What are my professional goals? Many days, I’ve got precisely three: I want kids to feel curious, then frustrated, then *ohhhhhhhh*.

Math is pretty great for this. It’s full of puzzles and mysteries. Why do the angles in a triangle always sum to the same thing? How many moons would fill the sun? Why is it so hard to roll double sixes? There’s plenty here to excite curiosity, to elicit frustration, and to satisfy the intellectual itch for *ohhhhhhh*.

But there’s a common problem: too often, kids can beat the puzzles without feeling *any* of those things.

I find this, for example, with lines in the coordinate plane.

The suite of coordinate games should fill weeks, or months. But there’s a cheat code: y = mx + b. In my class, lots of students arrive already knowing this formula, and it means they can solve would-be-tricky problems (“See this line? Give equations for five more that never touch it!”) with boredom and ease (“Uh…. y = 2x + 1, y = 2x + 2, y = 2x + 3… do you want me to keep going?”).

Do they understand what the cheat code means, or why it works? Rarely. But that doesn’t bring my vanquished puzzles back to life.

So I need new puzzles. Ones that work for kids who have never heard of “y = mx + b,” but which also challenge students who have.

I’m still growing my portfolio, but here’s some of it:

How much of high school math would be easier if students understood that graphs express relationships between variables?

Answer: Basically all of it.

My hope is that questions like this can build the groundwork early.

It’s natural to see this and think, “Wait, a hyperbola? That’s way too hard. You’ve got to walk before you run. And you’ve got to run a mile before you run a marathon over hot coals.”

But I see it a different way: Before you make an earnest study of lines, you’ve got to study some *non*-lines.

If I were trying to teach you about animals, I might start with cats and dogs. They’re simple, furry, familiar, and lots of people have them lying around the house. But I’d have to show you some other animals first. Otherwise, the first time you meet an alligator, you’re gonna be like, “That wet green dog is so ugly I want to hate it.”

Equations aren’t etched in stone. They’re flexible and mutable as dry-erase marker. All those fun manipulations we use to *solve* equations can be used to reconfigure and redecorate them, too. And this quick task opens up two fun conversations:

Fun conversation #1: “Hey, check out how the same x-y pairs work in all these equations!”

Fun conversation #2: “Which of these equations is best for generating points on the line?”

Time has smiled on this little puzzle. Not only does it build intuitions about slope, but its room for freedom and ambition (“I’m going to do a point where the x-coordinate is a million!”) brings out interesting ideas and puts student conceptions on display.

Sometimes, I want puzzles with simple numbers. They’re more forgiving, inviting varied approaches and intuitions.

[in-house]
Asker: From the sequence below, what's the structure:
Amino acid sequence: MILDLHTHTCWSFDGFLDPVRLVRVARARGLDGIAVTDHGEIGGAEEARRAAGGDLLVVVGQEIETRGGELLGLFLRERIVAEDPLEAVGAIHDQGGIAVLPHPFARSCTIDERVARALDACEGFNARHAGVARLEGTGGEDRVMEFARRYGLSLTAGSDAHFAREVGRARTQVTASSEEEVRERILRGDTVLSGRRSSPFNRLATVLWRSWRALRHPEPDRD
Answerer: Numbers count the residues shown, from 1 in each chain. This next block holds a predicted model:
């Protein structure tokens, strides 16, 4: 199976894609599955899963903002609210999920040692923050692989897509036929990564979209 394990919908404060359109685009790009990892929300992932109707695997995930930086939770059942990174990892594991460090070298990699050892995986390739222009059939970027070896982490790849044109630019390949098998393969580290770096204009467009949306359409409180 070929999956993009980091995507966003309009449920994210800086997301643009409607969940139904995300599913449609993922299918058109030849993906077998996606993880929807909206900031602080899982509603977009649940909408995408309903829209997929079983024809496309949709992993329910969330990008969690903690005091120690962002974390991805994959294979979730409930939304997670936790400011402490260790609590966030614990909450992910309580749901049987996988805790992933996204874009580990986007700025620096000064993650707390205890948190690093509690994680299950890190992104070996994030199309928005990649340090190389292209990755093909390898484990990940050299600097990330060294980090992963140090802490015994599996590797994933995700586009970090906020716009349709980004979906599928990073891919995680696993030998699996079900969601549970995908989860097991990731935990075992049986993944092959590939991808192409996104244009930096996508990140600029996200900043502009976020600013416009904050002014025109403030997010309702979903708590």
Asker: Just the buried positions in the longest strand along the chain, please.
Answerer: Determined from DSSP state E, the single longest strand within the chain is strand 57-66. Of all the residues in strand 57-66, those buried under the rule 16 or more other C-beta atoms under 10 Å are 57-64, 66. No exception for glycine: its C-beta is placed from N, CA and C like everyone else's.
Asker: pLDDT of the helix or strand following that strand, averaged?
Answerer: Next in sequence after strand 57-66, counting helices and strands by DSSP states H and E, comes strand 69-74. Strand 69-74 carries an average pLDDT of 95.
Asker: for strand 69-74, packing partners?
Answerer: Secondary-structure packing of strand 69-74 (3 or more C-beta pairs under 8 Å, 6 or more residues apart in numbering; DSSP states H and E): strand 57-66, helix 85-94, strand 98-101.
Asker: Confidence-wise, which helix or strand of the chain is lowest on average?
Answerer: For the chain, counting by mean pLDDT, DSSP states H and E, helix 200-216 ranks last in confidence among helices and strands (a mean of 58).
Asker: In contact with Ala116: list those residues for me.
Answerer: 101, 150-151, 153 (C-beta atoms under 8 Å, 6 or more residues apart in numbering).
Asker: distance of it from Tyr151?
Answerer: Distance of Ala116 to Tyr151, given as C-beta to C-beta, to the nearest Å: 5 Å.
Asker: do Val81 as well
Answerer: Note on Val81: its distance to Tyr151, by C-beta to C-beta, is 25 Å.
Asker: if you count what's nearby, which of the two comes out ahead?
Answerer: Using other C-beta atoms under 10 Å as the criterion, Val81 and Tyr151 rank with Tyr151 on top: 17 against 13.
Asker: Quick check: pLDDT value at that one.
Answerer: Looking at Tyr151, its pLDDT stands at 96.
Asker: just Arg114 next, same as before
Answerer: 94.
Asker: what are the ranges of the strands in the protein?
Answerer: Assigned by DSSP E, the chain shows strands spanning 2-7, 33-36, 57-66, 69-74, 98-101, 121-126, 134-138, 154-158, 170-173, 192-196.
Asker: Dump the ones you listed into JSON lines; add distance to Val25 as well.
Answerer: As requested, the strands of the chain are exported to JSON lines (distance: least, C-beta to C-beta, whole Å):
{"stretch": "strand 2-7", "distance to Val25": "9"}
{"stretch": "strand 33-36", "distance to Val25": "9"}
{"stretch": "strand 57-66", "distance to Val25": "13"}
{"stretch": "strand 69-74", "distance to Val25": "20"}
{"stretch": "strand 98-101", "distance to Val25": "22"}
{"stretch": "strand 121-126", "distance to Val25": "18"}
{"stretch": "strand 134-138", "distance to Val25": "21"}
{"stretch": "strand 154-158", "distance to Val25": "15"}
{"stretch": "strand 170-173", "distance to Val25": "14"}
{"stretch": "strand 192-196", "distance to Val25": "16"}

But sometimes, I want puzzles with hard numbers. These ones are rigid as brick. They demand greater technical competence, and usher students towards strategies that are more abstract and general – strategies they can carry forward.

What a wonderful philosophy. I hope to achieve something similar. It’s exceedingly difficult, though. We’re constrained by a few factors: The relatively-rigid “standard” math curriculum that does things largely from cultural inertia. (Radian measure before you’ve done calculus? Why?) The scattered pre-existing knowledge and skills. The overreliance of earlier teachers on talismanic reasoning and ritual performance. And looming over all of them, the lack of time to do it right.

But I do find it helps to keep the goal in sight, even knowing I’ll probably never quite get there.

I am a harpsichordist and I used to use your “ugly wet green dog” method when I taught Baroque continuo. Accompanying from a figured bass (a bass line and some numbers indicating chords) can be a challenge for classically trained keyboardists. (Good pop musicians do that kind of stuff all the time, though.) So I would say, fine, let’s learn using unfigured bass!

Teaches the ears a lot very fast! And they realize that Figures Are Your Friends.

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I remember a being slightly blown away when I learned that with the equation of the line in “standard form” the coefficients of x,y were normal to the direction of the line. Once I learned this, slope-intercept seemed really boring.

Point-slope is probably more useful than slope intercept. And it gives an introduction to translations of the graph, with a singular method to do so. Better that than one algorithm for lines (adjust b) a second for parabola y = (x-h)^2 + v, and a 3rd for the rest of the conics (x-h)^2 + (y-v)^2 = r^2

I quite like the intercept-intercept form of a line.

Parametric form of a line… Vector form of a line… simultaneous equations of a line. You could spend a couple of weeks just talking about different equations of lines.

And the all have the same graph.

Regarding the graph of: {x,y|xy = 12}

How about “draw a set of triangles using the coordinate axes for two of the sides, one vertex at the origin and area 6.

Pretty.

I was a fool for the quadratic formula ib my younger years.

Unfortunately I never got past the frustration phase of mathematics. Good philosophy and enthusiasm, perhaps things would’ve been different if I was in high school with this though lol

I’m almost 61 years old. I hated math in highschool. I still hate math. I wish you had been my math teacher.

an approach like this could really excite pupils with a math phobea

this was so cute! i love this approach!